“Brendan’s choice of what propositions and political parties to support do not match my personal choices and I’m sad when any restrictions affect only one group of people. But at the same time, in a democracy, people must be able to support and express their values. And hopefully, in the best of worlds, that leads to a good discussion and greater understanding.” – Robert Nyman

“Instead of addressing the issues at hand, he very clearly dodged them. I’m really not sure why and I’m at a loss to even speculate. Every one of my friends said that while they didn’t agree with his position, if he just apologized it could have been the end of it.” – TofuMatt

“On one hand, I disagree with Brendan’s personal views and think that his choice to step down is going to be ultimately good for us. … On the other hand, Brendan has always been a strong, (seemingly) just technical leader at Mozilla and I can’t help but feel that he was railroaded out, which isn’t right and also goes against what Mozilla stands for, in my eyes.” – Lizzilla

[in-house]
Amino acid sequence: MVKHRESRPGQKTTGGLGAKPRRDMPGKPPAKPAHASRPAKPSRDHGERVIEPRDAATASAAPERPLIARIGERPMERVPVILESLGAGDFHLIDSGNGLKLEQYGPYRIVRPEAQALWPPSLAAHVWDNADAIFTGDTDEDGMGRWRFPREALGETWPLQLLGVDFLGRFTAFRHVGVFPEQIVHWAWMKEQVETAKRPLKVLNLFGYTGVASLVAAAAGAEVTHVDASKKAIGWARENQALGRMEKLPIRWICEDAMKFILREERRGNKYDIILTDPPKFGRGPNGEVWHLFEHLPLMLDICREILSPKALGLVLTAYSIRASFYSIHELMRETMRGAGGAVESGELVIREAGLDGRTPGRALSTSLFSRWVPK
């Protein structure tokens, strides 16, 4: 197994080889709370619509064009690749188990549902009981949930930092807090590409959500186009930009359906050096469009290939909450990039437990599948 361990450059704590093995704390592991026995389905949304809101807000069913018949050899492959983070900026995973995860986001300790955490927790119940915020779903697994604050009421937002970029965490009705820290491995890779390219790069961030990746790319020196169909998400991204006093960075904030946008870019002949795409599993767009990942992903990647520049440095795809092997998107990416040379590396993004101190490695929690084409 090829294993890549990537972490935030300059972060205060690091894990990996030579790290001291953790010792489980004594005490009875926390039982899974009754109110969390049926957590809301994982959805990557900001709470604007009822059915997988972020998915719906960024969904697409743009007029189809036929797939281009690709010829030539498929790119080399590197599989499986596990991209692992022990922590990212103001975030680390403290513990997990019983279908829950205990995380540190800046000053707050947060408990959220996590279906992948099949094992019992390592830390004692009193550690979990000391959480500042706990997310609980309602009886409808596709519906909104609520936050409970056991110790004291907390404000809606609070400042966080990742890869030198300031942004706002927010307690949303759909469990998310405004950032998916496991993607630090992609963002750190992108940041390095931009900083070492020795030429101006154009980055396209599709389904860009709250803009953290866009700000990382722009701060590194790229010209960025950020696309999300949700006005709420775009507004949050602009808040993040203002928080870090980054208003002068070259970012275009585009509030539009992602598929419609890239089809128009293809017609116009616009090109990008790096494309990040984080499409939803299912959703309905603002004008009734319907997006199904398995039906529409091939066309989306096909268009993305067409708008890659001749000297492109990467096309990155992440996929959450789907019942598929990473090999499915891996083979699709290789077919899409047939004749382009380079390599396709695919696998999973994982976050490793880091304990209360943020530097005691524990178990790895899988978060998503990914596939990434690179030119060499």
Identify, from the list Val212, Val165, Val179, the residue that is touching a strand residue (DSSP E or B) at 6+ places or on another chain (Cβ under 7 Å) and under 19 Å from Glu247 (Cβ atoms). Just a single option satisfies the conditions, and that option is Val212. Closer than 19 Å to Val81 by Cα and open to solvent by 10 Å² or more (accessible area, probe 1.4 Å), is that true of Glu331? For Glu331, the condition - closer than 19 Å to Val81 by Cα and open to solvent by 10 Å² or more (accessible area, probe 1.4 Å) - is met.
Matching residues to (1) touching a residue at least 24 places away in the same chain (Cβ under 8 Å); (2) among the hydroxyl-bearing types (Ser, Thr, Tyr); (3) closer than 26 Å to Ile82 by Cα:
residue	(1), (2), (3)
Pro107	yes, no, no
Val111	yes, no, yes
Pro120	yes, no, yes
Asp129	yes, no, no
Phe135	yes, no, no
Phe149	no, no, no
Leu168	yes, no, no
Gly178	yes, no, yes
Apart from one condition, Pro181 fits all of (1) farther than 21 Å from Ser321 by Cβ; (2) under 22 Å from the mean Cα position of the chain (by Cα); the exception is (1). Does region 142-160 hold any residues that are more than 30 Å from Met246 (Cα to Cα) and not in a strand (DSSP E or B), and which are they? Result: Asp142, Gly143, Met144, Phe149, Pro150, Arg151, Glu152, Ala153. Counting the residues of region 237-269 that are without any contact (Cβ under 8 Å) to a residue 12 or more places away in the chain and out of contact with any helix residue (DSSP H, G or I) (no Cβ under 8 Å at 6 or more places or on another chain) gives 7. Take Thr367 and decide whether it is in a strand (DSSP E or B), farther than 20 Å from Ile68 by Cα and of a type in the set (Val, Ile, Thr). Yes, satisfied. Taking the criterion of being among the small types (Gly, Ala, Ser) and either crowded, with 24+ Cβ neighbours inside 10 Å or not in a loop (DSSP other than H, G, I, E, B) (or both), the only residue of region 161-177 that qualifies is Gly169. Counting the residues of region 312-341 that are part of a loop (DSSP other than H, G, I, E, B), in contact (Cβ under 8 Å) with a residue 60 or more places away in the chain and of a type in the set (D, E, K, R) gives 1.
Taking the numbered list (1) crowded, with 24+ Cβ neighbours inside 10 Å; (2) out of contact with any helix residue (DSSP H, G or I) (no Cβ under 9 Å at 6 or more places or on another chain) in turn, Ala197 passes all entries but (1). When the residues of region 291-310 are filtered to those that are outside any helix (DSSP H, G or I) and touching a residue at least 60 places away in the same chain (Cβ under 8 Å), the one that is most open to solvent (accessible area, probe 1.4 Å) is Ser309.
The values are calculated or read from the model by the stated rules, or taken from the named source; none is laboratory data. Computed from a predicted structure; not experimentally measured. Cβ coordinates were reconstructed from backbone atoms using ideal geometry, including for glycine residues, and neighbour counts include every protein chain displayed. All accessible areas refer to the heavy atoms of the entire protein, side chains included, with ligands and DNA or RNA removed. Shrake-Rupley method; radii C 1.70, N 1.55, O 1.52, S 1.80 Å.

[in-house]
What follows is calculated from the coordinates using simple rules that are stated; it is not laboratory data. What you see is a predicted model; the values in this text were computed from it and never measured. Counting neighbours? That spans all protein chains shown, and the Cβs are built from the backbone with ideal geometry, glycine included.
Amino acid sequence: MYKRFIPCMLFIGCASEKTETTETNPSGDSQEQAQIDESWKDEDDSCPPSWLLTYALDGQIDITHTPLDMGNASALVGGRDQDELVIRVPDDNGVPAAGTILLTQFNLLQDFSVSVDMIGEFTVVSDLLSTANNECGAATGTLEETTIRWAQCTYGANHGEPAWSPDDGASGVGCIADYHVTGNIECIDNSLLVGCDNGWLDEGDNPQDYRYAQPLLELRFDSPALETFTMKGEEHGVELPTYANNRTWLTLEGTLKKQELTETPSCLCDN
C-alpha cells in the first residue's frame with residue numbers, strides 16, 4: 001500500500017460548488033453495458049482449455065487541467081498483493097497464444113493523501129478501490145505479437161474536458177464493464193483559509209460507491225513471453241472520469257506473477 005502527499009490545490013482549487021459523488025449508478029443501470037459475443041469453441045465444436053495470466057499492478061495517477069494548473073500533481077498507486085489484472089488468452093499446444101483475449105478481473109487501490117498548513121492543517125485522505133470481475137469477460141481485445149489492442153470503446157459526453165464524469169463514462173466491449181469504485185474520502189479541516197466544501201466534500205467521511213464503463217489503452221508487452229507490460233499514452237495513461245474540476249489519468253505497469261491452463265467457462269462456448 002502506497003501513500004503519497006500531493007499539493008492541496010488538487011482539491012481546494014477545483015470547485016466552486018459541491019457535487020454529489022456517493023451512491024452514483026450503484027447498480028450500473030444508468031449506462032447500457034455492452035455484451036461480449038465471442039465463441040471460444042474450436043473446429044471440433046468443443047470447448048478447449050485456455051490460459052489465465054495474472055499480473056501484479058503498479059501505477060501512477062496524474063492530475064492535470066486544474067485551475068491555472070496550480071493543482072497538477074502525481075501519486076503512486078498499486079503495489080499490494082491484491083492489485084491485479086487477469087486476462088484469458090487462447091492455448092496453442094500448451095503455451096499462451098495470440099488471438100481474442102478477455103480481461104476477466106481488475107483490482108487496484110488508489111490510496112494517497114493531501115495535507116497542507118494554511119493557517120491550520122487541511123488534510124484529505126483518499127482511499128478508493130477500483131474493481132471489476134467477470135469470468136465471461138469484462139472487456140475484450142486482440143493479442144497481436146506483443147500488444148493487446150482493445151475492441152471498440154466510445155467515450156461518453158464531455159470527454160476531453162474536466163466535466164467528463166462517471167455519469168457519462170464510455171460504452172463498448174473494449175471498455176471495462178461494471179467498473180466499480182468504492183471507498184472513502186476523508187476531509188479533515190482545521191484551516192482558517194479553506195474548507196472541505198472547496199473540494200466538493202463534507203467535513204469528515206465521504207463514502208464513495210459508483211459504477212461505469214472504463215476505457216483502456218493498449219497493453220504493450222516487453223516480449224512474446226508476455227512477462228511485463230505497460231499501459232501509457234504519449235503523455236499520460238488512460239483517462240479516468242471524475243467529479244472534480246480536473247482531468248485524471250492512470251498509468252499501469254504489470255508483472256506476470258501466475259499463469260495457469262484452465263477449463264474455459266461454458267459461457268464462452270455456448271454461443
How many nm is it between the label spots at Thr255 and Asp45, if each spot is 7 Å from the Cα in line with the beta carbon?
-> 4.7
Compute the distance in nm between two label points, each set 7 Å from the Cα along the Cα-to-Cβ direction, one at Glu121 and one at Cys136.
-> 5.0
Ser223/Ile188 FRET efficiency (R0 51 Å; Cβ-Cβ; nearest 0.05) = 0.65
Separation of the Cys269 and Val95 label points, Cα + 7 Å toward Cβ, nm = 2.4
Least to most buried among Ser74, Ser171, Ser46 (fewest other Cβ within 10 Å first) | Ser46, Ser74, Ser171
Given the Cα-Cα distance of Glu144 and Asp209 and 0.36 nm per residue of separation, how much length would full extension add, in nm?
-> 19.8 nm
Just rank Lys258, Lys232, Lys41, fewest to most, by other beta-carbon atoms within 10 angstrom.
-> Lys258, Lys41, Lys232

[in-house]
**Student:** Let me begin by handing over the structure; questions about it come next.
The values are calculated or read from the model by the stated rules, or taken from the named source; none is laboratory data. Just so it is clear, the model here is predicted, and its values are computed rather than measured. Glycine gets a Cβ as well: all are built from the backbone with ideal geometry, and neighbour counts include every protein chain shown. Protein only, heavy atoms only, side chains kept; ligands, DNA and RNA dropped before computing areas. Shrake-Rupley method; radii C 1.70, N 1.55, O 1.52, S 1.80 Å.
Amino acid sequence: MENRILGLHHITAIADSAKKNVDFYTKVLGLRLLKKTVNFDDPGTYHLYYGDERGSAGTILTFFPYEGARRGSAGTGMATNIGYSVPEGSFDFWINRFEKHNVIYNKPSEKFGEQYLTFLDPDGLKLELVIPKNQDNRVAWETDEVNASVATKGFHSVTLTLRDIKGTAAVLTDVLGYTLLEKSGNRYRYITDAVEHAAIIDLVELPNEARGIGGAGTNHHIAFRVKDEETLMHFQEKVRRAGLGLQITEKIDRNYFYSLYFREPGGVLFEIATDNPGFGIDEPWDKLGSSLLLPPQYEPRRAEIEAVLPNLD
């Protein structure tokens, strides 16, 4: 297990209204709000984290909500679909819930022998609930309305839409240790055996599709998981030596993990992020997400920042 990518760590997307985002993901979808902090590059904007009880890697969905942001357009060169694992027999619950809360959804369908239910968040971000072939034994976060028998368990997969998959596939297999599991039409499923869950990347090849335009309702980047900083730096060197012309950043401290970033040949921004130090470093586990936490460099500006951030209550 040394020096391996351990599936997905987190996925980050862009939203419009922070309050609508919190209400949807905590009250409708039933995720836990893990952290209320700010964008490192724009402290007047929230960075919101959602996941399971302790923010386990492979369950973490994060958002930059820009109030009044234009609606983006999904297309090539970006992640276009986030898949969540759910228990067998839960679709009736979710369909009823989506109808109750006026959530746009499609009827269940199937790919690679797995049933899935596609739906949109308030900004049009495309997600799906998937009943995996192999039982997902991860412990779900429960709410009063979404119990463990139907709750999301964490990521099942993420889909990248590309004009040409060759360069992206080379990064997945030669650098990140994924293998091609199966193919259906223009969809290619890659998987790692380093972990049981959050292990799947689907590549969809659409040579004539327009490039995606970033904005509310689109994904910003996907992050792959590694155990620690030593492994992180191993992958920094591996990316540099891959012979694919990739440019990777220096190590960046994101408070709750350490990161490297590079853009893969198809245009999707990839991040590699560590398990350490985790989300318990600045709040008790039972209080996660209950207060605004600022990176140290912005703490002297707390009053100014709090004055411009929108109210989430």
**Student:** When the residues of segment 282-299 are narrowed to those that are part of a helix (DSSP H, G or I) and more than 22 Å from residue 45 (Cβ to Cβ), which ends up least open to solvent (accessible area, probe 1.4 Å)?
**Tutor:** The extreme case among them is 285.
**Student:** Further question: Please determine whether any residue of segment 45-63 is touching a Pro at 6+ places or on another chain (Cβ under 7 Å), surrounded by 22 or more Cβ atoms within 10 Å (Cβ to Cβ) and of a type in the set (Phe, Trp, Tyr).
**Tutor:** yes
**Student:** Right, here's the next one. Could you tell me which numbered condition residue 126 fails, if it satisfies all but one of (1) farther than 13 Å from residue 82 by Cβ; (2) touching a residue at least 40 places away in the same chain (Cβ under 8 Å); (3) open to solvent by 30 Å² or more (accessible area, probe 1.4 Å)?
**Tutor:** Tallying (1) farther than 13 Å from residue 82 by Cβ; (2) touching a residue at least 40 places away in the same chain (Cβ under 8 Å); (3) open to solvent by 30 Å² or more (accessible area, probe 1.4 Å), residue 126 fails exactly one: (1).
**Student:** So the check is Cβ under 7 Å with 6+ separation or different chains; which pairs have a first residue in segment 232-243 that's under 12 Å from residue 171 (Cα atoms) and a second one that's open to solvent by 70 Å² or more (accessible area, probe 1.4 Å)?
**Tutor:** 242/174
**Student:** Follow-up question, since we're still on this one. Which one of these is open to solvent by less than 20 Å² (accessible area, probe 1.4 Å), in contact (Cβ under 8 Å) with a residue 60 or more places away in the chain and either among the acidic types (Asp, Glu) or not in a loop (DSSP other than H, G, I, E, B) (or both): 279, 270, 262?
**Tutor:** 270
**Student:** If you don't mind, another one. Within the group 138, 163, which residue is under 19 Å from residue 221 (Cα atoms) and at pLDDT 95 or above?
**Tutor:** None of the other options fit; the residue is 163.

“Supporting Prop 8 is beyond the pale. But I don’t fully agree with the tactics that some of my friends have used in order to make that point. IMHO, rather than spending our energy attacking Brendan Eich and Firefox (which affected the entire Mozilla community) we should have devoted ourselves to supporting our friends within the Mozilla community as they grappled (many of them publicly) with the biggest crisis they’d ever encountered.” – Josh Levy

“Even as Brendan announced his departure, he provided next steps to advancing the mission by reaffirming Mozilla’s focus on users. The direction he provided could put the non-profit Mozilla as a users union leader to push back the bullying aspects of the Internet that prey on individuals (think of privacy policies or terms of services) and instead flip that around to be pro-user.” – edilee